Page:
My grandmother died in the summer of 1980. She lived in a small town in Louisiana for most of her life with my grandpa (whom I’ve written of on these pages before). Mother of nine, she saw two of her sons precede her to Heaven. I remember her strength and her tenderness to me when I was a little mr. man (notice the lowercase).
While funerals are often sad occasions, they don’t always have to be. Our family would celebrate amid the sorrow by getting together after the burial to remember the deceased with food, drink, and memories of the good times. Such was the case after Grandma’s funeral.
(“what does any of this have to do with Mocha Dad, a chicken, and yours truly?” you might ask. Here’s how…
Mocha Dad (when he was just a Mocha Lad) & I were hanging out on the back porch of our grandparents’ house. All of the food wasn’t quite ready. Truth be told, we were bored. Cool just to hang out, nothing much to do, really. Then my Aunt Eva came onto the back porch and said in her broken creole,
“Y’all go fetch one dem chickens out de yard.”
Times were different then. If an elder instructed you to do do something, then you did it. No questions asked. Otherwise you risked getting beat until the “white meat” showed facing dire consequences.
Mocha Dad and I looked at each other incredulously. We were not about to disobey Aunt Eva’s command, but we both knew we had no intentions of touching those chickens either. After all, they were dirty, smelly, had big fangs and evil eyes (at least that’s how our young minds perceived them to be). How do we get out of this?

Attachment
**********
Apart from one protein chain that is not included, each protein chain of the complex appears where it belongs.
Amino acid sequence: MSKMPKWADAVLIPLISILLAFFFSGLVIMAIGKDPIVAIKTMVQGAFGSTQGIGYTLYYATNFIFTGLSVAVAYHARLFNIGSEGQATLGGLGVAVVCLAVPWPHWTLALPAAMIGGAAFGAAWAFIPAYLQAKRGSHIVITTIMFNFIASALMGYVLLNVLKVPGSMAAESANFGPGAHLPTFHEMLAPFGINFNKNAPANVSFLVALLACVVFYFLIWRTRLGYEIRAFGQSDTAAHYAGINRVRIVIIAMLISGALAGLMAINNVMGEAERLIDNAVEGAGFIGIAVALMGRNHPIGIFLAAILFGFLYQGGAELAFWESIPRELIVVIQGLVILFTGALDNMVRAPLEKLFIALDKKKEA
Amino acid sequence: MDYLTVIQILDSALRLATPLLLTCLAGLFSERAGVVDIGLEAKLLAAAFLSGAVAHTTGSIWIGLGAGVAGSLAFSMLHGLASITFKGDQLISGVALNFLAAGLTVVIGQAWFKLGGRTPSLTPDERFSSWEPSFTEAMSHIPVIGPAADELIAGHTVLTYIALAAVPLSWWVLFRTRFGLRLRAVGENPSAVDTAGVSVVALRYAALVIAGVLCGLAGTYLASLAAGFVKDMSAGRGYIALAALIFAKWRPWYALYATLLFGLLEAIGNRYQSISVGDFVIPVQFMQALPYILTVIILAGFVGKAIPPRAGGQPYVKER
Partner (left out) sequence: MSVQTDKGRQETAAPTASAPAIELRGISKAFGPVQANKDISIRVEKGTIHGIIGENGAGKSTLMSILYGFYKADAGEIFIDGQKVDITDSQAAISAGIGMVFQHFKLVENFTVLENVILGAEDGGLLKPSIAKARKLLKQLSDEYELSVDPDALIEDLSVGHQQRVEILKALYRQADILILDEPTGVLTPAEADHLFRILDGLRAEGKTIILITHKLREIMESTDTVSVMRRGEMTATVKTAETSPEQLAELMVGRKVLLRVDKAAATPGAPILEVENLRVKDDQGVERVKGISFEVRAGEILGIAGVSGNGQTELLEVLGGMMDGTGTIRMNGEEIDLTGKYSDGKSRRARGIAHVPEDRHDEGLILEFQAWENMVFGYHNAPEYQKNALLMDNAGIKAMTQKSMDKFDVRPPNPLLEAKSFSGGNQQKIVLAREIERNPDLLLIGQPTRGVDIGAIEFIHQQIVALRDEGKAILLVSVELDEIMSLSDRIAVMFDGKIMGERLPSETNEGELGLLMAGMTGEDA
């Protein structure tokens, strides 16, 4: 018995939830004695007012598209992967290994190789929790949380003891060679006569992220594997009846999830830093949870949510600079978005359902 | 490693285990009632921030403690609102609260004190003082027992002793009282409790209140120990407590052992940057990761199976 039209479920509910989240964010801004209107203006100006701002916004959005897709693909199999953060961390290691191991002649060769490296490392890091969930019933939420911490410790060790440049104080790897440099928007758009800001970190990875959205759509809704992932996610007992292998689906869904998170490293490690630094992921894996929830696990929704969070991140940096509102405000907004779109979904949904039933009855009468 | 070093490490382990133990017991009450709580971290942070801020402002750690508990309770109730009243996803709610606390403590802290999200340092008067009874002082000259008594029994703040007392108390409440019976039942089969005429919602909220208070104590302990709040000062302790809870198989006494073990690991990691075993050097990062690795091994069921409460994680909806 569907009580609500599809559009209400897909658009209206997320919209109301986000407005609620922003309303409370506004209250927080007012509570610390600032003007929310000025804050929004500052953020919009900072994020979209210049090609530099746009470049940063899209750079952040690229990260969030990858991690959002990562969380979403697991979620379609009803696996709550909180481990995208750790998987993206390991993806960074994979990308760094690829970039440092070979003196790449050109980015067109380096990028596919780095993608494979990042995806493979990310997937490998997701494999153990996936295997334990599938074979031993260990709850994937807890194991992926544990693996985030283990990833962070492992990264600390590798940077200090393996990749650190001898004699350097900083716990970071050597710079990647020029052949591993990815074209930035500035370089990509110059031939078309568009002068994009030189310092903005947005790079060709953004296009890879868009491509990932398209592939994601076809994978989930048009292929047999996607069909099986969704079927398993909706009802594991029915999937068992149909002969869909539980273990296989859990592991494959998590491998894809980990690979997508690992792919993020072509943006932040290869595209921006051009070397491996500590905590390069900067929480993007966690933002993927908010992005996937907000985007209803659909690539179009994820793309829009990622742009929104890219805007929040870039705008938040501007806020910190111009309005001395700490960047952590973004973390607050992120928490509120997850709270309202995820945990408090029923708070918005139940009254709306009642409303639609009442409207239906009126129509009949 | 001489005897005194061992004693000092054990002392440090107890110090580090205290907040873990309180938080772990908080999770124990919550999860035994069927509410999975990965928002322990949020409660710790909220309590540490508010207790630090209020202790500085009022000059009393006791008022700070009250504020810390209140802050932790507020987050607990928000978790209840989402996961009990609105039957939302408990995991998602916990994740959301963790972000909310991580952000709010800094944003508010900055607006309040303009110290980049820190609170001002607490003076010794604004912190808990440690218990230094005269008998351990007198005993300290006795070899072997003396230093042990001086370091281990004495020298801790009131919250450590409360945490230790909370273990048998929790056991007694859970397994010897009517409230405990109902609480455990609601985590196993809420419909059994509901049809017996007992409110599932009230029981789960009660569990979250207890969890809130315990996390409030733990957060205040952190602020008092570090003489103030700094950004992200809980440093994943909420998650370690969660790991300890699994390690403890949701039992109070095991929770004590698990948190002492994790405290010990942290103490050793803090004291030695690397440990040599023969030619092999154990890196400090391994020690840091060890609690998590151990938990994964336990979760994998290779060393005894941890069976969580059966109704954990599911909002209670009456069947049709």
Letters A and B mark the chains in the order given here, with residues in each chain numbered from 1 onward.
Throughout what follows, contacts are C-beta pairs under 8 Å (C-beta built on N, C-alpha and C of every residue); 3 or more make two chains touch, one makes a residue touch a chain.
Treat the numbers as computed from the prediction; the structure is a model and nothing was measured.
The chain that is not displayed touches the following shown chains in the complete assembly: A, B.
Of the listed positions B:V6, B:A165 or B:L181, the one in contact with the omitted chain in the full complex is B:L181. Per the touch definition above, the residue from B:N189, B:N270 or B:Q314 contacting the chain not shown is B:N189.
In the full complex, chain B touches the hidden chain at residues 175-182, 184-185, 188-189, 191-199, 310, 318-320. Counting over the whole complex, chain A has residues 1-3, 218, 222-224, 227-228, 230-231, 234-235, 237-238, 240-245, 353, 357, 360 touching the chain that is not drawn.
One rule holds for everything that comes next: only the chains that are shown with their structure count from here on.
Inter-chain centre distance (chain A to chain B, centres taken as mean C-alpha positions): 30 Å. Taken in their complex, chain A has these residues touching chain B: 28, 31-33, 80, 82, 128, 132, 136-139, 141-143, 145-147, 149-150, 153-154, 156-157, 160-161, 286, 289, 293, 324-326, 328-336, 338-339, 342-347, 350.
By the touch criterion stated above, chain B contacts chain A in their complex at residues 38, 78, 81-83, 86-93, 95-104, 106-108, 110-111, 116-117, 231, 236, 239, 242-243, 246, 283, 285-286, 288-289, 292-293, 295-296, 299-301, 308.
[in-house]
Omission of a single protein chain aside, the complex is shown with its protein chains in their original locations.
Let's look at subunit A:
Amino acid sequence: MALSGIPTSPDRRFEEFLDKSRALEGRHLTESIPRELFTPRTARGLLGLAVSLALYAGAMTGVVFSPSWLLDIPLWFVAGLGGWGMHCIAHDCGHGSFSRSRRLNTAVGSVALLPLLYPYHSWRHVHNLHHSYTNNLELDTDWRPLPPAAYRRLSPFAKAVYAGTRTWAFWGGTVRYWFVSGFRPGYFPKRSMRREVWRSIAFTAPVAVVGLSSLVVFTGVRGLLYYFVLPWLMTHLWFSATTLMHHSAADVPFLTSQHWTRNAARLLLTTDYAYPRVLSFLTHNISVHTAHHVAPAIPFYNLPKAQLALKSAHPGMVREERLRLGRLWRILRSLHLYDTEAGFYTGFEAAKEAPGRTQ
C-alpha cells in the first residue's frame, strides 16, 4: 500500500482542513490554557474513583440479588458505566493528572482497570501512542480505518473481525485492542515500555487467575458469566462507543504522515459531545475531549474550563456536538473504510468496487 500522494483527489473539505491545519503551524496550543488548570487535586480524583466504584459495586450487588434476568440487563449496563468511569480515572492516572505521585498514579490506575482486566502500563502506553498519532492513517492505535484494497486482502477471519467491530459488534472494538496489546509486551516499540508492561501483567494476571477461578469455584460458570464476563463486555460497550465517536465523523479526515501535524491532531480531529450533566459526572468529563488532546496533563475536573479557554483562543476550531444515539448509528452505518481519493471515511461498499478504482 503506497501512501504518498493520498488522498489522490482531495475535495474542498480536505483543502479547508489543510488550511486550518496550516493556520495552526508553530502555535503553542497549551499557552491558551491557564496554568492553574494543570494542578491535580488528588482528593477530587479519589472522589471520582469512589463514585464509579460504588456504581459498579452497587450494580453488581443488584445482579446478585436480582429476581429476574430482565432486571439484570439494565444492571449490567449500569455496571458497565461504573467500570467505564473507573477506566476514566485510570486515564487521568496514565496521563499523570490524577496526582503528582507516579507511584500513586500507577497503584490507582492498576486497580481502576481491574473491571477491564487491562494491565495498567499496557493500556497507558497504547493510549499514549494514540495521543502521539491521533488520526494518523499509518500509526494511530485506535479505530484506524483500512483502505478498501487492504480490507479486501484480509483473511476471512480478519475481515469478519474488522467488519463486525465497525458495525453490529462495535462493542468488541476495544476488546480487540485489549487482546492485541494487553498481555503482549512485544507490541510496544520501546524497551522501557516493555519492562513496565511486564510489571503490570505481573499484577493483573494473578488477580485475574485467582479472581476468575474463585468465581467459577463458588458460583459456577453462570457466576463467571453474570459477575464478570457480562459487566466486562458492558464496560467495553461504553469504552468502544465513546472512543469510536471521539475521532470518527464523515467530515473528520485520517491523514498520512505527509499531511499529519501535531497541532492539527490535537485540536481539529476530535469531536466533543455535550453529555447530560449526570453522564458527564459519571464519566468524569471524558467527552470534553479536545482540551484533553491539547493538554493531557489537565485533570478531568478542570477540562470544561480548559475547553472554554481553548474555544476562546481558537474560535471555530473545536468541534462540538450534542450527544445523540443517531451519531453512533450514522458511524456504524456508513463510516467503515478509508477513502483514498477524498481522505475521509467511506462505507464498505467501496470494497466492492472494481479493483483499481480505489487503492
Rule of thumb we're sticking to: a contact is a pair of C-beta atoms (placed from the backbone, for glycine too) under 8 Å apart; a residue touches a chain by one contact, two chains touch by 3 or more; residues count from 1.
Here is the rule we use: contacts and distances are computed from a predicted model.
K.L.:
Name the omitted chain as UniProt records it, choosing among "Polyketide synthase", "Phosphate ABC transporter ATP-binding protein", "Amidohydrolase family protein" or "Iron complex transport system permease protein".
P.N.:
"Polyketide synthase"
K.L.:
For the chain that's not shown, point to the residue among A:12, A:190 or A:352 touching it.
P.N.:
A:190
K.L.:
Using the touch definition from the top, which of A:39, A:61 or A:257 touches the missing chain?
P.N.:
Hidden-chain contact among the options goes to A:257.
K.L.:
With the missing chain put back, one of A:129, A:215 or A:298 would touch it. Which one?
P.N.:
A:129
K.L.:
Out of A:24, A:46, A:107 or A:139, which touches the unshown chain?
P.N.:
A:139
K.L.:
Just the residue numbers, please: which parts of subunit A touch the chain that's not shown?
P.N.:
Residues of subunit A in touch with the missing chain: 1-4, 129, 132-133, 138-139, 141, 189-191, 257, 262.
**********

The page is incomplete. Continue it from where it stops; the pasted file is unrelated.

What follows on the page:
We leave the porch and start walking through the yard. There were several fowls around us, pecking and scratching, minding their own business. Waiting to attack ferociously if disturbed. Finally, we focus on one of the less intimidating birds. We walk towards it and it scoots away. We approach it again and it moves away again eyeballing us the whole time. Then we break out into a half-hearted pursuit. The chicken takes off, clucking (I’m sure it was laughing at our pathetic efforts to catch it). It was obvious to this bird-brain that we weren’t really trying and it was in no danger whatsoever.
After about fifteen minutes of “chasing” the bird”, Aunt Eva comes back out to see what was taking so long. I can only imagine what was going on in her mind watching two city boys dancing the salsa with this chicken. I didn’t have to imagine what she was thinking because she told us upfront,
“Y’all ain’t no ‘count!” Translated-You two are of no good account. You are the sorriest excuses of chicken catchers I have ever seen in all my years. Both of you should just crawl back into your mothers’ wombs and cry yourselves to sleep. Girlie Men!
With that, this elderly woman hitched up her Sunday dress and broke out into a full sprint. She caught that chicken in no time flat! Grabbed it by its neck and, to our horror, spun it around like a yo-yo.
She dropped the chicken and looked at us with disgust as the poor bird did its death dance. When the bird stopped moving, she picked it up and took it inside to prepare it for dinner, mumbling about how worthless we were the whole time.
Despite the tongue-lashing we received, Mocha Dad and I felt like we got away with murder. The ploy worked. We didn’t have to touch that nasty bird and all we got out of it were a few insults from our great aunt.
I wonder what she would say now about her nephew (who is now an avid waterfowl hunter) if she were still alive. Would she be impressed? Would she be proud?
No. She’d probably say, “You still ain’t no ‘count. You have to shoot dem birds, but you still cain’t catch ‘em!”
God bless her soul.
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